From the Shelf
Shelf Awareness Best Books of 2020
What a year. These are the 10 fiction and 10 nonfiction titles that really stood out to us at Shelf Awareness for helping us make it through, sometimes make sense of, and find some pleasurable moments in 2020. (Reviews appear below; our Best Children's/YA list is here.)
City We Became by N.K. Jemisin (Orbit)
Crooked Hallelujah by Kelli Jo Ford (Grove)
Homeland Elegies by Ayad Akhtar (Little, Brown)
Hurricane Season by Fernanda Melchor, trans. by Sophie Hughes (New Directions)
Interior Chinatown by Charles Yu (Pantheon)
Luster by Raven Leilani (Farrar, Straus and Giroux)
The Only Good Indians by Stephen Graham Jones (Gallery/Saga)
Piranesi by Susanna Clarke (Bloomsbury)
Real Life by Brandon Taylor (Riverhead)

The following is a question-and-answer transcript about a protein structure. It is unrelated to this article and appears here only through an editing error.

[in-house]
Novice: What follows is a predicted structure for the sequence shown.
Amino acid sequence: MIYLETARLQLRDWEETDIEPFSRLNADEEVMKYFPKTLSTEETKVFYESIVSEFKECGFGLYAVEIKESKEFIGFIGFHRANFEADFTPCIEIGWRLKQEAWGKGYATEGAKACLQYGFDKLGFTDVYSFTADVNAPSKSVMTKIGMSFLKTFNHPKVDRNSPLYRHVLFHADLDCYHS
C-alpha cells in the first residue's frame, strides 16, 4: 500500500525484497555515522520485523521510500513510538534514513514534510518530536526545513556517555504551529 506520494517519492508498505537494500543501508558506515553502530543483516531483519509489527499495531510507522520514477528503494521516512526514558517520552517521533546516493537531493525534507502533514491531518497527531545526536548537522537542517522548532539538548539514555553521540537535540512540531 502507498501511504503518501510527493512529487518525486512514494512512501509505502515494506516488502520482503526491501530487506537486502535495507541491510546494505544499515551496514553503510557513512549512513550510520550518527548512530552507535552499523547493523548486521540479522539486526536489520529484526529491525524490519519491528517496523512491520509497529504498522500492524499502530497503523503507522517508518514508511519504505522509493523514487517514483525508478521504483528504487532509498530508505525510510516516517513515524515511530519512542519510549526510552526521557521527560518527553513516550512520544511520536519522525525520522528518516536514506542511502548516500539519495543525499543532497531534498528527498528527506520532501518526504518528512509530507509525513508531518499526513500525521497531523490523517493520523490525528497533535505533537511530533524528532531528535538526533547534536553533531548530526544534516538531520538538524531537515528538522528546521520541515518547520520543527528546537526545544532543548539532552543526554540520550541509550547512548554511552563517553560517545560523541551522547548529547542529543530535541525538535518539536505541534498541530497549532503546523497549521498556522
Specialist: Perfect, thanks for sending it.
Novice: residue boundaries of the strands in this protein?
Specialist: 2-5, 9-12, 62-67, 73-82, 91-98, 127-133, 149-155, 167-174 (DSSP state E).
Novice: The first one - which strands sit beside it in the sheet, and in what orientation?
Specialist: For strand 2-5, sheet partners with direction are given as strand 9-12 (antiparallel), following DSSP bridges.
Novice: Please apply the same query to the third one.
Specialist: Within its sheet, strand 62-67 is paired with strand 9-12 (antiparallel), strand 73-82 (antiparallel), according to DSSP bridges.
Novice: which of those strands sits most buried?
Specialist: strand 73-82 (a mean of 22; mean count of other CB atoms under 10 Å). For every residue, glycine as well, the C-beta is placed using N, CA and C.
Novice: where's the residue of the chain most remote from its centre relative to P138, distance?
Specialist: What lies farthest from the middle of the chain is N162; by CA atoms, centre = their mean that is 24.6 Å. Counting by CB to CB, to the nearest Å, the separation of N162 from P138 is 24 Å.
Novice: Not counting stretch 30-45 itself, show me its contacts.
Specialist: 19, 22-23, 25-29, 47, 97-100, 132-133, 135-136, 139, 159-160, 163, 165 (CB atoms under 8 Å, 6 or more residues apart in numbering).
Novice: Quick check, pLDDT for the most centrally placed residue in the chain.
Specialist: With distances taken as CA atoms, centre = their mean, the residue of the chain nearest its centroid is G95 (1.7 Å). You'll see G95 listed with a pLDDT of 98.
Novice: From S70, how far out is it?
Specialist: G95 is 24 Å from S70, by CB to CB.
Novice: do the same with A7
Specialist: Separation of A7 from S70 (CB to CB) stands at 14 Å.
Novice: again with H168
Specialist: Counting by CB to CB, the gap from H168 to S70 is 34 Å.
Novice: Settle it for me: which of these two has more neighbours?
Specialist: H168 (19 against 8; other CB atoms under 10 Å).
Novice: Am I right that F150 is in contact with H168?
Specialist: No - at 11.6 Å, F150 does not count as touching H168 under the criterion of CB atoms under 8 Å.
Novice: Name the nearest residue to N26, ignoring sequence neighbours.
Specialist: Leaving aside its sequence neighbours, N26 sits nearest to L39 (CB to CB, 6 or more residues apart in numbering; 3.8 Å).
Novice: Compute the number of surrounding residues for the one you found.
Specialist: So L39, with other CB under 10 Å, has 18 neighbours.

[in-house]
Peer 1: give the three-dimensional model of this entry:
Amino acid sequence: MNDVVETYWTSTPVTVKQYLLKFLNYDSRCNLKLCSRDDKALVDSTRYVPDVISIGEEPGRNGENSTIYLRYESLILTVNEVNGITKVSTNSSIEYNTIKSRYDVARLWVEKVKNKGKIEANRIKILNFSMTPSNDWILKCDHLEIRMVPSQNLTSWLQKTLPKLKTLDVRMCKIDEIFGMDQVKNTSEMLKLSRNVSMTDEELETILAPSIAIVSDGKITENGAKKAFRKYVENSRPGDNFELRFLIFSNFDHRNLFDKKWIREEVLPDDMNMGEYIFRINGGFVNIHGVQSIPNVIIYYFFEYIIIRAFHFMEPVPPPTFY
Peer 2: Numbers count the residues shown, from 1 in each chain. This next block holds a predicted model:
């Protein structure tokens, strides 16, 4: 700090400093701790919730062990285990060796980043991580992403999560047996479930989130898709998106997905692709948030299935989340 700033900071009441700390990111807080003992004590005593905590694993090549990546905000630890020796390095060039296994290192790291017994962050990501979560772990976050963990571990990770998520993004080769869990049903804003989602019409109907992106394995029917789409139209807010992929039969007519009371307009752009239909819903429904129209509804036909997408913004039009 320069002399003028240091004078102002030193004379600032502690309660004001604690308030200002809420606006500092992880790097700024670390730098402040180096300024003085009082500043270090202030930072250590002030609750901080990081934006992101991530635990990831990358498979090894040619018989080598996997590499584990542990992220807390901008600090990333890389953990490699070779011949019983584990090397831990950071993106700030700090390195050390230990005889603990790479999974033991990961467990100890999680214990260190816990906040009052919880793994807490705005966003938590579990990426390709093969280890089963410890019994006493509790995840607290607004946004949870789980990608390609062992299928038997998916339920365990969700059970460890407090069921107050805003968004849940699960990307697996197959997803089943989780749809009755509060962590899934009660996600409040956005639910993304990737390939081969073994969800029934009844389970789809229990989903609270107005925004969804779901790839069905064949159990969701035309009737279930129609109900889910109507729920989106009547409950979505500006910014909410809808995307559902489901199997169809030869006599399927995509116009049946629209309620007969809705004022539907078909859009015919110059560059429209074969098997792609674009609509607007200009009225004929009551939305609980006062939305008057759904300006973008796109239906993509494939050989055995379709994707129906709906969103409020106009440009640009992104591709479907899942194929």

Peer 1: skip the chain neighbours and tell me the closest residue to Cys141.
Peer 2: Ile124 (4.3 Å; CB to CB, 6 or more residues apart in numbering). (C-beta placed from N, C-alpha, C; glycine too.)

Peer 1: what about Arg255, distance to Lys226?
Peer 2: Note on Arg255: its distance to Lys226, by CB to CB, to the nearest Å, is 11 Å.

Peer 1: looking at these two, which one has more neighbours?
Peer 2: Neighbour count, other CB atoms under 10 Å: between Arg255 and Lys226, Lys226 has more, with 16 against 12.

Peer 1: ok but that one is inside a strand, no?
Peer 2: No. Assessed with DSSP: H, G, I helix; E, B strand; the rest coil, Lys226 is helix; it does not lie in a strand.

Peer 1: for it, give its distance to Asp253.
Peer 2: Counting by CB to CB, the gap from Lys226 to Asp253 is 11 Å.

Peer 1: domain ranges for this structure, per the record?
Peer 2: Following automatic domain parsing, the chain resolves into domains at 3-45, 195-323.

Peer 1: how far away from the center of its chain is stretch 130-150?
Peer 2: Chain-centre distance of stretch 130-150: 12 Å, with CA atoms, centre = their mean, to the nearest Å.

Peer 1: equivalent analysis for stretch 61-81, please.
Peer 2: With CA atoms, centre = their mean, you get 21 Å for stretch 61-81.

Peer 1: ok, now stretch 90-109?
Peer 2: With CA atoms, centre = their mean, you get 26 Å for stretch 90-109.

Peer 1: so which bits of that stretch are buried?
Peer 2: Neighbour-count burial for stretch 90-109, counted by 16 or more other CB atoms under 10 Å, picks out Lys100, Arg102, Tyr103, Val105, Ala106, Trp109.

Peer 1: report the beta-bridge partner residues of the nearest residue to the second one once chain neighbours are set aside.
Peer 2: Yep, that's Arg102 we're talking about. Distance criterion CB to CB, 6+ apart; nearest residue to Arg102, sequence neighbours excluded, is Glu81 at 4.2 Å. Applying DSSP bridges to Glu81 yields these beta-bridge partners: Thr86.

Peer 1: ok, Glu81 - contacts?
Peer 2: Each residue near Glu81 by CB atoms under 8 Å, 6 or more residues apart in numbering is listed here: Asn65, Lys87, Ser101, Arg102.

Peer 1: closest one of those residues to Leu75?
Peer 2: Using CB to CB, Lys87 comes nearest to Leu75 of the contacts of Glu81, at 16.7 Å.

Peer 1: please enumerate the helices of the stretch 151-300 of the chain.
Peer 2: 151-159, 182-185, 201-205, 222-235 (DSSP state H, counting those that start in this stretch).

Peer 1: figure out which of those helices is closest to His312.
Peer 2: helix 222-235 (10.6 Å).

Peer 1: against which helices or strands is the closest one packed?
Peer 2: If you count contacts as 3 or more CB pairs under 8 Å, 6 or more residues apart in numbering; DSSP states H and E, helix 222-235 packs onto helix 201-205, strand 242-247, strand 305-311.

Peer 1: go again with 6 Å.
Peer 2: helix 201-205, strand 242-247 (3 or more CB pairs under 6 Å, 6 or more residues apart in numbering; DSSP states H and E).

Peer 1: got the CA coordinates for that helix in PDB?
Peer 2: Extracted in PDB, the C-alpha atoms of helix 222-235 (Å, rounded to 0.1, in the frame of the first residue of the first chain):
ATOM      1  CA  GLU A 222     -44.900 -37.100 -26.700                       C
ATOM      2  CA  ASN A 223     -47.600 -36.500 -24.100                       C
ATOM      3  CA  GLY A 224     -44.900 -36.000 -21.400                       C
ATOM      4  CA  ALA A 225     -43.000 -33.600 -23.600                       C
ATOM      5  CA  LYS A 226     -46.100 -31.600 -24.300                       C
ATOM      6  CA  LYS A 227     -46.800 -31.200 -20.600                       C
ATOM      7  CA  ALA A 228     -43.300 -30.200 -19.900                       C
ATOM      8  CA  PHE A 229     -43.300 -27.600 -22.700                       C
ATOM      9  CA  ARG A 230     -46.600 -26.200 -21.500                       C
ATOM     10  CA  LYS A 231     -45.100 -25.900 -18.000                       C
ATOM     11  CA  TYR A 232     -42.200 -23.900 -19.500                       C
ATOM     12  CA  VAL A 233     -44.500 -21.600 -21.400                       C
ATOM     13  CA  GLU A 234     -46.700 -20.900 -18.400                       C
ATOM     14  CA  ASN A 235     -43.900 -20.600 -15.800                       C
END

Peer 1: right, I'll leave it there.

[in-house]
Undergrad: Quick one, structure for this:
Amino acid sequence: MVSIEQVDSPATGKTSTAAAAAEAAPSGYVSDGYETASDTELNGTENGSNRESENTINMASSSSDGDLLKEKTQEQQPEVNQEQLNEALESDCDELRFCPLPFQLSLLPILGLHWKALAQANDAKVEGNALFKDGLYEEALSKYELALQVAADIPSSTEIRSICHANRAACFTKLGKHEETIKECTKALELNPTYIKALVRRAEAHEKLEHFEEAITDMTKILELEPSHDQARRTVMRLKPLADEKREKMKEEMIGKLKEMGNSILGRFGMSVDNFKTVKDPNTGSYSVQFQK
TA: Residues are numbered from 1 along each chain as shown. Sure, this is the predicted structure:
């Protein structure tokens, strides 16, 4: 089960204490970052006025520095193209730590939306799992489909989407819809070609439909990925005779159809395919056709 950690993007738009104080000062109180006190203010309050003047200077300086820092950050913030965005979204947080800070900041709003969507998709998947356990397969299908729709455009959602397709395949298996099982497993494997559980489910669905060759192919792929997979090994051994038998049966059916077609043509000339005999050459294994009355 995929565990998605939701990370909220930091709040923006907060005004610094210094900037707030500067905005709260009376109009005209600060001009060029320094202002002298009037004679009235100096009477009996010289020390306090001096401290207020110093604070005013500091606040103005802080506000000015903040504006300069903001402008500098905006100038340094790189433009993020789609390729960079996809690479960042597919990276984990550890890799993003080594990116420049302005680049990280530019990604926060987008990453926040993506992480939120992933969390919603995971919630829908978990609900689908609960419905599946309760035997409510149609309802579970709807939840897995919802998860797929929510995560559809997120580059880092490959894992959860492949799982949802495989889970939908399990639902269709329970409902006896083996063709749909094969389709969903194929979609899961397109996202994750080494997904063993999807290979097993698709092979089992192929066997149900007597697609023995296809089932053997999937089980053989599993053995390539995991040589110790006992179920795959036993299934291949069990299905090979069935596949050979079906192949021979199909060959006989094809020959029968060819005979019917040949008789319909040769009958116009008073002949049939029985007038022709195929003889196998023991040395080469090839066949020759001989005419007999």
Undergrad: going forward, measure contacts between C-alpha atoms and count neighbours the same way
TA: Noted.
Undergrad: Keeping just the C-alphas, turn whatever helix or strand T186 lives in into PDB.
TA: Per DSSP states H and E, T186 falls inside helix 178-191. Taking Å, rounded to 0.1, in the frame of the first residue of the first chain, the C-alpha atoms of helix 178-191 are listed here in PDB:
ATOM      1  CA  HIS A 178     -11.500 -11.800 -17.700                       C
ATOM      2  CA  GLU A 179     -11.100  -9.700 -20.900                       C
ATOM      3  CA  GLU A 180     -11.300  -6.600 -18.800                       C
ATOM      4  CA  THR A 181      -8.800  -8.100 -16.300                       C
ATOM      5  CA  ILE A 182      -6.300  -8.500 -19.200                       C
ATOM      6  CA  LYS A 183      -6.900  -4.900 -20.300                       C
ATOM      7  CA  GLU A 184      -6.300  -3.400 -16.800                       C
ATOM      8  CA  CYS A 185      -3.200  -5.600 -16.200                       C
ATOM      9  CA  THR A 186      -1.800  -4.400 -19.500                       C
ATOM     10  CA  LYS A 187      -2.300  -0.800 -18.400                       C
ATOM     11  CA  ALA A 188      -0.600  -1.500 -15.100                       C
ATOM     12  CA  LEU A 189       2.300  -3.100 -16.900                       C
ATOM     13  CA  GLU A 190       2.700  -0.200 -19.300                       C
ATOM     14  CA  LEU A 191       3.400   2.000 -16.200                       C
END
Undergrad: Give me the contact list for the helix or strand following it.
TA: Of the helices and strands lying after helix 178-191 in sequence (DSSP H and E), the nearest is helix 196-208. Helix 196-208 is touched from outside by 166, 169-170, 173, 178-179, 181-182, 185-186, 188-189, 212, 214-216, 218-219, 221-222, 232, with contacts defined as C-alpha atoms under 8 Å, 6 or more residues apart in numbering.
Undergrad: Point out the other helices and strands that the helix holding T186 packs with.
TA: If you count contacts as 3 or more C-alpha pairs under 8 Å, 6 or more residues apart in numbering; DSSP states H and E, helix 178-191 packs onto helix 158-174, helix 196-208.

Revolutions of All Colors by Dewaine Farria (Syracuse University)
African American Poetry, edited by Kevin Young (Library of America)
The Beauty in Breaking by Michele Harper (Riverhead)
The Book of Eels by Patrik Svensson (Ecco)
Caste by Isabel Wilkerson (Random House)
Homie: Poems by Danez Smith (Graywolf)
Me and White Supremacy by Layla F. Saad (Sourcebooks)
Memorial Drive by Natasha Trethewey (Ecco)
Notes on a Silencing by Lacy Crawford (Little, Brown)
Something that May Shock and Discredit You by Daniel Mallory Ortberg (Atria)
Veritas by Ariel Sabar (Doubleday)
The City We Became
by N.K. Jemisin
In 2020, N.K. Jemisin added a MacArthur Foundation "genius grant" to her already impressive record. Prior to that, she became the first writer to win the Hugo Award for best novel three years in a row, for her Broken Earth trilogy. The City We Became kicks off another ambitious trilogy, an urban fantasy that transforms New York City into a multiversal battleground. The author has written a paean to a much-celebrated metropolis, though it is far from an uncomplicated portrait. The supernatural threats facing her protagonists often piggyback on some of the very real challenges facing the city, from racist policing to gentrification.